Links between ruminal and plasmatic metabolites, ruminal microbiota and milk production traits of dairy ewes during 3 successive lactations

Job Type: 
Stage Master 2

Supervisors: Annabelle Meynadier & Christel Marie-Etancelin

The ruminal microbiota plays a central role in the nutrition of its host, affecting milk production and animal health, towards production of rumen metabolites. More precisely, the milk contains many components synthesised from absorbed rumen metabolites in the mammary gland: ruminal volatile fatty acids are precursors of lactose and short-medium chain fatty acids, microbial essential amino acids are used for protein synthesis, and some vitamins B from bacterial origin are secreted in milk. So, the variation in rumen microbiome composition has a pronounced influence on the ruminal metabolites produced and exported in animal blood, and at the end could impact milk production and quality. What happens in sheep’s milk at a time in the production cycle where animals have very different energy statuses? The originality of this proposal is to dispose of the information to qualify the ruminal microbiota, the metabolites produced in the rumen as well as those circulating in the blood, and in fine the fine composition of ewe's milk. Moreover, these 4 sources of information were obtained on 60 animals during 3 successive lactations; these animals belonging to 2 divergent lines for milk persistency, which is a good model to study the diversity of ewes’ energy statuses The Master aims to integrate the relationship between ruminal and plasmatic metabolites of the ewes (obtained by NMR without a priori), with production, health and fine milk compositions traits, by modelling of the individual variability of those phenotypes. The characterization of the links between on one hand metabolomic traits (in rumen and blood) and on the other hand fine milk compositions, production/ health traits or ruminal microbiota will contribute to answer the following questions: - In small ruminant, can blood metabolites (other than the well-known β-hydroxybutyrate (BOH), non- esterified fatty acids (NEFA) or glycemia) be identified to characterize the energy status of dairy ewes? - Which is the link between blood metabolites and ruminal metabolites, produced by microbiota in the rumen? - Is there a "typical metabolism" for animals who better manage their energy deficiency? And does this "typical metabolism" last throughout the life of the animal? - How does the composition of the ruminal microbiota affect the amounts of metabolites observed in the rumen and blood of animals? Are they linked with milk production traits? - Is there an evolution of the fine metabolism traits when selection on milk persistence is done?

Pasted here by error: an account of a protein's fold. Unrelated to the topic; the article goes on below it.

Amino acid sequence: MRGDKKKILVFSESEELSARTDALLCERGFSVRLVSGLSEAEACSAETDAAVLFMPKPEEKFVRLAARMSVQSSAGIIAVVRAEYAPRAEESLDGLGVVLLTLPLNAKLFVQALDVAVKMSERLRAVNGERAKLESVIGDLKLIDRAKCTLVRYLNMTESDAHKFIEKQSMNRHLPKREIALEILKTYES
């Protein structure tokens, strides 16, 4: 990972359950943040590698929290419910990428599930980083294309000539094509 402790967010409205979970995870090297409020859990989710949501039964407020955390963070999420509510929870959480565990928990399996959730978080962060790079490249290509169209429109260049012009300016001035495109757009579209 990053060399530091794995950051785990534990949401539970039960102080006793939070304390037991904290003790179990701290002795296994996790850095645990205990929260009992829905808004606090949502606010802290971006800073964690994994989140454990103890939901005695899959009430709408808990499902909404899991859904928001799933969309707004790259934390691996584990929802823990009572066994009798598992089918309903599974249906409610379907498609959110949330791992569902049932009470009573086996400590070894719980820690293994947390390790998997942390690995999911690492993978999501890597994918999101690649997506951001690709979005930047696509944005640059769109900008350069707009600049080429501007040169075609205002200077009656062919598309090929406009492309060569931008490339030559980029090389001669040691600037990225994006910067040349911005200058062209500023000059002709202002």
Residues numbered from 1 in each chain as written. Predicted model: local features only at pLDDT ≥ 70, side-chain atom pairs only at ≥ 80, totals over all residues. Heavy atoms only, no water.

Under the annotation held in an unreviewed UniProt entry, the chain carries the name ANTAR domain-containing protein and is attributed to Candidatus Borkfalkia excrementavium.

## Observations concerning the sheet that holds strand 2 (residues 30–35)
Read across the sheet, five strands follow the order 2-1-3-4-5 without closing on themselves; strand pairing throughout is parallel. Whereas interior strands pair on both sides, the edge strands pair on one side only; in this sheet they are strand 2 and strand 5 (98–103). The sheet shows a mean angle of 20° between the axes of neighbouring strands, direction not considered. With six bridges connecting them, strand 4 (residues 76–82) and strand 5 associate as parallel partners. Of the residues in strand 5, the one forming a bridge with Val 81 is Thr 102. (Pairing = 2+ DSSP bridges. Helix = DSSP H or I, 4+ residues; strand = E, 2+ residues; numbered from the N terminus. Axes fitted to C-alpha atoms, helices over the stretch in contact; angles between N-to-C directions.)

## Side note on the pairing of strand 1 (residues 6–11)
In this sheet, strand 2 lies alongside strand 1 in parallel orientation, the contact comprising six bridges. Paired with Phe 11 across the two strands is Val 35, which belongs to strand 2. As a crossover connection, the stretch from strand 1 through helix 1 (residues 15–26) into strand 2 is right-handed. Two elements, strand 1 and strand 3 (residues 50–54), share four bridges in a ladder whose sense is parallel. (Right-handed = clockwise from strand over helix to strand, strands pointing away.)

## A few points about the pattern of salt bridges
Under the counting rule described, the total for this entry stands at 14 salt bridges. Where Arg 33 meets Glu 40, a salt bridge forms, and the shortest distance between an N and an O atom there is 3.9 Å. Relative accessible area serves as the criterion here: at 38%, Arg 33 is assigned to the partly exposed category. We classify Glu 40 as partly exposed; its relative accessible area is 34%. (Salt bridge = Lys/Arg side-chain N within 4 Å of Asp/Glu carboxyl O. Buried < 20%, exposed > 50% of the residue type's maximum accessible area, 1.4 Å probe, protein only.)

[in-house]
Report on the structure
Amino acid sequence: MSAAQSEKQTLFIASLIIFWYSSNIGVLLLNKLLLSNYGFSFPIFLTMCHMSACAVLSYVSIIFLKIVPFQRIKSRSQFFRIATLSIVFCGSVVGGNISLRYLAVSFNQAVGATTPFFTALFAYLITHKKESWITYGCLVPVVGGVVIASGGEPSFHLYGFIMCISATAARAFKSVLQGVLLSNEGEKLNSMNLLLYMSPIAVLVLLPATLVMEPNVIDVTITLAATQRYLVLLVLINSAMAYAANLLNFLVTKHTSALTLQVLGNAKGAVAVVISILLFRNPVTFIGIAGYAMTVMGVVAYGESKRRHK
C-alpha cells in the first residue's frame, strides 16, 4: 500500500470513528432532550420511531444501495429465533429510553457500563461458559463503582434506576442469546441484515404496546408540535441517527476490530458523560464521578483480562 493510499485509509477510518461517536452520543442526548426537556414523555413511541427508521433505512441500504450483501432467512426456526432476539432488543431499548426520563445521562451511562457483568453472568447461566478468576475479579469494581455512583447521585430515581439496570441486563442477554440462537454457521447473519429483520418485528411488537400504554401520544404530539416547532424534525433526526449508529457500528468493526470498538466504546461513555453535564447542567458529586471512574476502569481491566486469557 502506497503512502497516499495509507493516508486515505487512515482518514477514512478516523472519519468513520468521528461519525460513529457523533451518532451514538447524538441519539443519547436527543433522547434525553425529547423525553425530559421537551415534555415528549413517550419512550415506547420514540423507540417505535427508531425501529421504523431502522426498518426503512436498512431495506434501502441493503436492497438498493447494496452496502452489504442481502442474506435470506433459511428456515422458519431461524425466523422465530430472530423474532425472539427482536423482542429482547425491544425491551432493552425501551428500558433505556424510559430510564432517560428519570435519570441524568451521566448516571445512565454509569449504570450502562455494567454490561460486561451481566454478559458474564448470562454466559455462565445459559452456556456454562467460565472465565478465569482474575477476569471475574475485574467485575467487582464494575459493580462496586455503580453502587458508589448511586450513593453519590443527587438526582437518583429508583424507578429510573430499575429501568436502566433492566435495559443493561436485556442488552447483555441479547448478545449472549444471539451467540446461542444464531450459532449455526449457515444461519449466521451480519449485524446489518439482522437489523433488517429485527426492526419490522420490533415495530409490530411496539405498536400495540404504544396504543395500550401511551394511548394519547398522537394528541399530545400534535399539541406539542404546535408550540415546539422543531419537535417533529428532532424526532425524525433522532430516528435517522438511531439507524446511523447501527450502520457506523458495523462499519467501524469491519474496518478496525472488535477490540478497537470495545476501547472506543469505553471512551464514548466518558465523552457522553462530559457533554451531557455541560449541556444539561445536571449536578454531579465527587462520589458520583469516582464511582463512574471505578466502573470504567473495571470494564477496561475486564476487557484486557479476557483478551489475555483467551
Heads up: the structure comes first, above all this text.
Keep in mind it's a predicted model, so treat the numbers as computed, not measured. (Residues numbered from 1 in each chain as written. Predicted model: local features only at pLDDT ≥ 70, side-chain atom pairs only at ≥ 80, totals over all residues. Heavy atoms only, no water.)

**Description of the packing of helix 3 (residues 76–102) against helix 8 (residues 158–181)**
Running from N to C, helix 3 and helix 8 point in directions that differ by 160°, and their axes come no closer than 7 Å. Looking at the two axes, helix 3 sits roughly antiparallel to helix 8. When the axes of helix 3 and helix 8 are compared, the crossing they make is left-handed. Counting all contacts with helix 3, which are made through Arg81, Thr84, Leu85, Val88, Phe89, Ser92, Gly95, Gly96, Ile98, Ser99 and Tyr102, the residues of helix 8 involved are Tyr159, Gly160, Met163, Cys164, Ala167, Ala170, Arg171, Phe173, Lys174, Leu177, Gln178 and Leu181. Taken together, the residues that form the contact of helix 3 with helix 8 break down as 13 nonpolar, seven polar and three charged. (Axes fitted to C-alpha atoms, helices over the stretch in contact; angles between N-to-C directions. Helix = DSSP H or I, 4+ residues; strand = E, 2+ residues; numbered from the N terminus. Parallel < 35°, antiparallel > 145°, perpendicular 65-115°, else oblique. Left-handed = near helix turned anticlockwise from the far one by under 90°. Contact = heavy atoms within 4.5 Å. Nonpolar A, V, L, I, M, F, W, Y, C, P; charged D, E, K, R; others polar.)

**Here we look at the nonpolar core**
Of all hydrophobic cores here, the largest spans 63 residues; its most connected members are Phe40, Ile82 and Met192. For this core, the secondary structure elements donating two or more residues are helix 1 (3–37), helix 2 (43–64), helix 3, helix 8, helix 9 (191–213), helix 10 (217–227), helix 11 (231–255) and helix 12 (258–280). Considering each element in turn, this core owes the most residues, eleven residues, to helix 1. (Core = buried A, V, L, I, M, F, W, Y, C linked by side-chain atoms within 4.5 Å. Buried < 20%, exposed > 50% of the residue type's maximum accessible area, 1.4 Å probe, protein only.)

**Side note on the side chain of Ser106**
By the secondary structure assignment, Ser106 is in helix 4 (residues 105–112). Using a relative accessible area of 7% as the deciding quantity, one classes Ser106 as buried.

Dataset of 60 ewes recording during 3 successive lactations (from first to third lactation) belonging to divergent lines for milk persistency: - individual RMN spectra of blood (n=180) and rumen juice (n=180) to predict metabolites - Fine milk compositions (main proteins and fatty acids) predicted from MIR spectra (n=180) - Microbiota analysis (already done) (n=180), - Production traits (milk quantity, Milk fat, Milk protein, somatic cell count) - Main energetic metabolites (Glucose, NEFA, BOH) - Feed intake and bodyweight The stage of Master consists in: 1. Bioinformatic analysis of RMN spectra with ASICs package of R to obtain metabolites’ quantifications. 2. Comparisons of plasmatic and ruminal metabolites 3. Management of metabolites traits and fine milk compositions to test the lines effect and the energy status of animals (variance analysis) 4. Adapted statistical methodologies to compare groups of animals or makes links between groups of traits: principal multivariate analysis such as PCA, PLS-DA, PLS and RDA. The Master will be supervised by Mmes Annabelle Meynadier (INRAE-PHASE department) and Christel Marie-Etancelin (INRAE-GA department). The student will be located in the UMR GenPhySE on the INRAe site of Castanet-Tolosan.

Financial reward: ~ 550 euros/month

Essential skills: knowledge (or marked taste) for statistical and data management analysis; knowledge of R programming language.

Desirable skill: animal physiology and genetics


Christel Marie-Etancelin

Christel dot Marie-Etancelin at inra dot fr